Charlotte School of Law responds to Dept. of Education's decision to end financial aid

Updated: Dec. 20, 2016 at 11:52 AM EST
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CHARLOTTE, NC (WBTV) - The Charlotte School of Law responded Tuesday to the Department of Education's accusations of "dishonest" practices and their decision to stop providing financial aid to CSL students.

The school says the Department of Education notified them Monday that their application for recertification was denied and that their eligibility regarding financial aid would end on Dec. 31.

RELATED: Dept. of Education accuses Charlotte School of Law of dishonest practices, stops supplying financial aid

"We strongly disagree with this determination and are evaluating all available options to challenge the decision, particularly the Department of Education's mischaracterization of CharlotteLaw's academic accreditation from the American Bar Association (ABA) and our representation of that status," Charlotte School of Law said Tuesday.

The Department of Education said Monday that they concluded that Charlotte School of Law's non-compliance with standards set by its accreditor, the American Bar Association, "resulted in its violation of the Higher Education Act, the department's regulations and CSL's Program Participation Agreement with the Department."

The department says it took the action because the school failed to meet the standards of the ABA while making "substantial misrepresentations to current and prospective students" about its standing and the "likelihood that its graduates would pass the bar exam."

Starting Jan. 1, students can no longer use federal assistance to attend the school.

"CharlotteLaw will continue to work closely with the ABA to seek clarification on this unprecedented decision and we will preserve all avenues of appeal and recourse available to us," the school responded. " We will continue to put the best interests of our students first and foremost as we assess our options going forward."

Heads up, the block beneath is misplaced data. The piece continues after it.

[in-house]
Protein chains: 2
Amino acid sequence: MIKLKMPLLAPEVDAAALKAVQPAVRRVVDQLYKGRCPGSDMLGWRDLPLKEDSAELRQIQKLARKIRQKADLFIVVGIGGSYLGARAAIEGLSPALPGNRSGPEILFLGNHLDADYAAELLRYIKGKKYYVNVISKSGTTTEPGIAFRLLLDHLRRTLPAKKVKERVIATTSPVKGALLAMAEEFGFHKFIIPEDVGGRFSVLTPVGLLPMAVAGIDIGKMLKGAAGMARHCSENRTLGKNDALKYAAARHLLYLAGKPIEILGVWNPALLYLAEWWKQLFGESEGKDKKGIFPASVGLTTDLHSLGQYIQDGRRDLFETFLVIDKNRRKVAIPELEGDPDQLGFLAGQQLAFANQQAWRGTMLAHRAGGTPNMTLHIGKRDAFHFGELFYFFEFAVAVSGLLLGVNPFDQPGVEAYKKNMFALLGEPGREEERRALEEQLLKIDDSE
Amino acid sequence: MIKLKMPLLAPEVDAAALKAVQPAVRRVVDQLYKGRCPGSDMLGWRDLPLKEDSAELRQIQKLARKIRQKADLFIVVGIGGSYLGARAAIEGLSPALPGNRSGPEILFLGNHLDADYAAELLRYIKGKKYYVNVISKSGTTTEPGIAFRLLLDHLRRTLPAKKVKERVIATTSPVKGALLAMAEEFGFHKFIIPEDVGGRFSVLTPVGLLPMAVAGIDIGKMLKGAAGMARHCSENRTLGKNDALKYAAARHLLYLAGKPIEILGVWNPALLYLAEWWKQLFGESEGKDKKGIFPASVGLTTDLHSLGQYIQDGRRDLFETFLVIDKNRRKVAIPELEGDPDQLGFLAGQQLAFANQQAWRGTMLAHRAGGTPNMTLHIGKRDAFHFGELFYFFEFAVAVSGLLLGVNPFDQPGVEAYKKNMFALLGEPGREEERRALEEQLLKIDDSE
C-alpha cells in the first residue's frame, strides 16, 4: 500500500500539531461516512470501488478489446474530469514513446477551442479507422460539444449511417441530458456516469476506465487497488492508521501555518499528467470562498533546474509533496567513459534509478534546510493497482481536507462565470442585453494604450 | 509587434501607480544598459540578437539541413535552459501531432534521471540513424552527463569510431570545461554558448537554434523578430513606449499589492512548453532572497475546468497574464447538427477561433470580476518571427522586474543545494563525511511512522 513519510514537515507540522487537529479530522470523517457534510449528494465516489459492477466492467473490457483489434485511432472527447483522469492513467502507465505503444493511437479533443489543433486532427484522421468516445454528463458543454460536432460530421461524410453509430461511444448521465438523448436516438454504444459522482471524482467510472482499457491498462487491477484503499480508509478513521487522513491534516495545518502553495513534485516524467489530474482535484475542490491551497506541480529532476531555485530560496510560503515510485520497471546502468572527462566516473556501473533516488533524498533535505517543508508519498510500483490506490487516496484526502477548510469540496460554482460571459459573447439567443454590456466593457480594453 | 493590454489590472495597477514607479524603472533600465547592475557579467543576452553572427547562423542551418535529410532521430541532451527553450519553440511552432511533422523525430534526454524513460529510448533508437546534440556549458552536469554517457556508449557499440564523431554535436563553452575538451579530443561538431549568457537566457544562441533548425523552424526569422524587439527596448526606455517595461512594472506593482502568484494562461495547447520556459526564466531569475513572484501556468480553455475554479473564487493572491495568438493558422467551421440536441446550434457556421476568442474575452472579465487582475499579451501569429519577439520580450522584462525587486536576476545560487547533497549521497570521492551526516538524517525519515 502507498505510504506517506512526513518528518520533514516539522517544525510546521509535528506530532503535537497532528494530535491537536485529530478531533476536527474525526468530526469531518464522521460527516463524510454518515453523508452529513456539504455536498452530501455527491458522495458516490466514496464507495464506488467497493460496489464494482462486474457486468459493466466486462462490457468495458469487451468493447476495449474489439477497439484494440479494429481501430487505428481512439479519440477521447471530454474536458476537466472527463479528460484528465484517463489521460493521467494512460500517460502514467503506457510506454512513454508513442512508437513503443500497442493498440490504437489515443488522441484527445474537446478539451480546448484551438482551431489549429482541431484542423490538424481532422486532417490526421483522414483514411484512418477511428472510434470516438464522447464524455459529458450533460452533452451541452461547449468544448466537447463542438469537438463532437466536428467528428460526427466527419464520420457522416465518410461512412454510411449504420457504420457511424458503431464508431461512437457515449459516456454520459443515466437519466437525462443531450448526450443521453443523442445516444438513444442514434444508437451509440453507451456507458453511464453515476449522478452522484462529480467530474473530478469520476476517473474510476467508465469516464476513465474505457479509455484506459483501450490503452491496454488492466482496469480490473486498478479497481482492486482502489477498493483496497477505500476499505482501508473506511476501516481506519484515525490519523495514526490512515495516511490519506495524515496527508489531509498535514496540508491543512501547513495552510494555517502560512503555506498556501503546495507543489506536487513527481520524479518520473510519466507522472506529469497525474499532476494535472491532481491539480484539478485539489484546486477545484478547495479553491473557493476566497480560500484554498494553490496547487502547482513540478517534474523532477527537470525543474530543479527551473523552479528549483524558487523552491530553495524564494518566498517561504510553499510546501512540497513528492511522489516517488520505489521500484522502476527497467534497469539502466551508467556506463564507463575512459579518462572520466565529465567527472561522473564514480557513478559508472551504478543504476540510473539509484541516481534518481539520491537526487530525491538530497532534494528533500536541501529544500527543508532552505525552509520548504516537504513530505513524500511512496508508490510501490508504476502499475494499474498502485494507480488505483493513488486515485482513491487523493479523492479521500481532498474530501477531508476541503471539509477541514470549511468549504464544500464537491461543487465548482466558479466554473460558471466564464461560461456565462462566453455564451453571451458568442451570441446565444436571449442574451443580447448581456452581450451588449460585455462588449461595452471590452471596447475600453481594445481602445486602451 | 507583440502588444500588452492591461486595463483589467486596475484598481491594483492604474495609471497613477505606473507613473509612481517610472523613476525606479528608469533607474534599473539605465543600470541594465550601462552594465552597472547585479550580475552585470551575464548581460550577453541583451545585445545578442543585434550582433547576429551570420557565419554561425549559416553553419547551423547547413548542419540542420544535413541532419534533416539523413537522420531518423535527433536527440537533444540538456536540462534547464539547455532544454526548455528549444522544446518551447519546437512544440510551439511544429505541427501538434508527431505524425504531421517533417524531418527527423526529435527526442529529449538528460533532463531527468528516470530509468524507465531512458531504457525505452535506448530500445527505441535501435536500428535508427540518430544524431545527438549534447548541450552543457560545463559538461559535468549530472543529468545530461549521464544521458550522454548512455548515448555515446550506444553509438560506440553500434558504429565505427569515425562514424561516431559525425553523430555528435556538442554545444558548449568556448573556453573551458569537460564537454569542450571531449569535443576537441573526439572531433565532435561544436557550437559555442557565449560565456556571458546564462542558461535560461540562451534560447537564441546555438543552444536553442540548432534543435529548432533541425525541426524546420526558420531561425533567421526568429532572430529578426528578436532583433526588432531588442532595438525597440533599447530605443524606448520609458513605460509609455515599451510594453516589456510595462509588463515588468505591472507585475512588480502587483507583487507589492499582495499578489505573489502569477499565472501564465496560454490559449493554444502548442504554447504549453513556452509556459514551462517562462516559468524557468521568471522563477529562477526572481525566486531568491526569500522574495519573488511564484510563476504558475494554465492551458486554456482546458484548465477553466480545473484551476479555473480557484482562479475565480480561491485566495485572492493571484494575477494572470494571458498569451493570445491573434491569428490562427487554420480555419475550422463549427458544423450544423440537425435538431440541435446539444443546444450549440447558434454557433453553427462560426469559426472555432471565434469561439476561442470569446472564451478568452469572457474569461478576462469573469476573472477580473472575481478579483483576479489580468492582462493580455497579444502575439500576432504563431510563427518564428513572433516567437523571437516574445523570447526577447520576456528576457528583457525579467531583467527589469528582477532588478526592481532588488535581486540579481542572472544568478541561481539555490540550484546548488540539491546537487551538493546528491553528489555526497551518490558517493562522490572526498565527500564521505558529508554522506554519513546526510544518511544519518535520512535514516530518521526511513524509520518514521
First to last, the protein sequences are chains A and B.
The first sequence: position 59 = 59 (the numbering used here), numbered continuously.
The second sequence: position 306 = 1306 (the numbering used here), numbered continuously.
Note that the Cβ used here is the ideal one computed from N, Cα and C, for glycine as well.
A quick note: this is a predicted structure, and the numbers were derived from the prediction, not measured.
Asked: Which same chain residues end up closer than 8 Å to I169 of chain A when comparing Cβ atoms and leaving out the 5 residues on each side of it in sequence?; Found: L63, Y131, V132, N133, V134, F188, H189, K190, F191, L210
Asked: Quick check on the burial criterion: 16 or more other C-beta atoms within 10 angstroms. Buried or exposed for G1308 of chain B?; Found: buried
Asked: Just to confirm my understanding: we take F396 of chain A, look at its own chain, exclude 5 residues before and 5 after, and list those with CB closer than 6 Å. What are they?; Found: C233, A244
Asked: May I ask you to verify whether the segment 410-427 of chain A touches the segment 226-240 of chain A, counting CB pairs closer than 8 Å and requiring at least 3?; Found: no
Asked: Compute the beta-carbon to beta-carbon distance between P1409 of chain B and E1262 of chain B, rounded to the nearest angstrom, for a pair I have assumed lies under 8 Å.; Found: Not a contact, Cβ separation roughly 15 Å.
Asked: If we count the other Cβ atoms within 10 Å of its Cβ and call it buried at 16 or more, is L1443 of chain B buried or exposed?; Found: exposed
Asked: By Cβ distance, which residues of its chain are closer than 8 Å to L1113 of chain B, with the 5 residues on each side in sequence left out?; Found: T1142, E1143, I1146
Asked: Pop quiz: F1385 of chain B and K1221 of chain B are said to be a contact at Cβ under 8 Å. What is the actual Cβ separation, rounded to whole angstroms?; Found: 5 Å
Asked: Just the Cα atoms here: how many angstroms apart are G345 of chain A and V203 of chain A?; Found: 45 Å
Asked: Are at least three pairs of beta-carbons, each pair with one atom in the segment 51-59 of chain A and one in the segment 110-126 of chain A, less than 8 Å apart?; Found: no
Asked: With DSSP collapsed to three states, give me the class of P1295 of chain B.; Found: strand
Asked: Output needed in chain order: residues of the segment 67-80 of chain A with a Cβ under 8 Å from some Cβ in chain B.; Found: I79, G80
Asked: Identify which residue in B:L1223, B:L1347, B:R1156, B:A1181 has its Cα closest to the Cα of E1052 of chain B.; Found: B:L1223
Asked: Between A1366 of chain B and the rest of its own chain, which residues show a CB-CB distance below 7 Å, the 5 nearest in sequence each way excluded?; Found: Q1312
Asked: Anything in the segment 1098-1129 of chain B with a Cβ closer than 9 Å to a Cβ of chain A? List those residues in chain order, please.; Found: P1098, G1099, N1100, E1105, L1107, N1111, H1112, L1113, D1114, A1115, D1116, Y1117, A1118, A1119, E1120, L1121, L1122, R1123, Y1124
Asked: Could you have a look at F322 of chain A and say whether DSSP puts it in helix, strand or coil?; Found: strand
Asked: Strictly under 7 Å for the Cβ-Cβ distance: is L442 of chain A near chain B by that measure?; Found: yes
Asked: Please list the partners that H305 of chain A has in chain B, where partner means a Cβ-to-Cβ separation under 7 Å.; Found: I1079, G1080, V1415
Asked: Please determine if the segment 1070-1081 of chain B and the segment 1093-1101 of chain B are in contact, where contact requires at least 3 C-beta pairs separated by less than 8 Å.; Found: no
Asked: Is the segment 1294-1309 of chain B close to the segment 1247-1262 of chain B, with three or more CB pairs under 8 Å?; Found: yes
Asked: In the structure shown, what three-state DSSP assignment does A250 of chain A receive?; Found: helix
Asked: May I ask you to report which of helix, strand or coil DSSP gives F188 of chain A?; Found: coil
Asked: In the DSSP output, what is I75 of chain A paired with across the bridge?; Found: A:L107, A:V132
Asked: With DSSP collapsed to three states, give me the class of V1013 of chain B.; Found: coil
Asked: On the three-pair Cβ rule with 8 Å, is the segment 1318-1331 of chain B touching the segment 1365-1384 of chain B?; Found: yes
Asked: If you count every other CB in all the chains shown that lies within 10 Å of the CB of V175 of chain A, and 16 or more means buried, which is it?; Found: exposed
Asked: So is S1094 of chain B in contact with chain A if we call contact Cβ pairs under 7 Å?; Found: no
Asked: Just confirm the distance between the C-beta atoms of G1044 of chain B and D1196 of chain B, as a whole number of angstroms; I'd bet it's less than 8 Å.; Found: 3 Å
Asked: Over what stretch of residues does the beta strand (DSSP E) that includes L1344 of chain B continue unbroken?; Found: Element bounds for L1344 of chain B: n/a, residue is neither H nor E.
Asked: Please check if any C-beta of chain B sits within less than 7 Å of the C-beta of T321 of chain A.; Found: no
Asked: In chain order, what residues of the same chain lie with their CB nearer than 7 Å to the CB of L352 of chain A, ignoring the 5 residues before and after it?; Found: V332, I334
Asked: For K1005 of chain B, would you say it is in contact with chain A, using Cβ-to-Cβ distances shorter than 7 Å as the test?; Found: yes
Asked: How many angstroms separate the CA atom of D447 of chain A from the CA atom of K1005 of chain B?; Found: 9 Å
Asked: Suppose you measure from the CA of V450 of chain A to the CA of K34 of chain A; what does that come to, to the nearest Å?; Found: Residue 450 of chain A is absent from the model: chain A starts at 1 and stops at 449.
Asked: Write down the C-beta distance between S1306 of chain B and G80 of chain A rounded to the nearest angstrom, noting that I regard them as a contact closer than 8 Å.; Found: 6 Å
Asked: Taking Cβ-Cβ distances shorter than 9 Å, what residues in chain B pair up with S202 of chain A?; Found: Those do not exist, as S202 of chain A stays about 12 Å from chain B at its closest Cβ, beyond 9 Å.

The Department of Education maintains the ABA repeatedly found the Charlotte School of Law does not prepare students for participation in the legal profession.

"Yet CSL continuously misrepresented itself to current and prospective students as hitting the mark," said U.S. Under Secretary of Education Ted Mitchell. "CSL's actions were misleading and dishonest. We can no longer allow them continued access to federal student aid."

The American Bar Association announced on Nov. 14 that Charlotte School of Law was being placed on probation, citing the school's non-compliance with several standards necessary to maintain its accreditation with the ABA.

RELATED: American Bar Association puts Charlotte School of Law on probation 

The ABA first informed CSL of its non-compliance in February 2016, and in July 2016, the Department of Education says. On both occasions, the school failed to disclose the findings to current and prospective students, "despite its admission that the information would have a profound impact on their enrollment decisions," the department says.

Instead, the Department of Education says, CSL continued to represent itself as in full compliance with the ABA's standards.

The school has until Jan. 3, 2017 to submit evidence to dispute the Department's findings.

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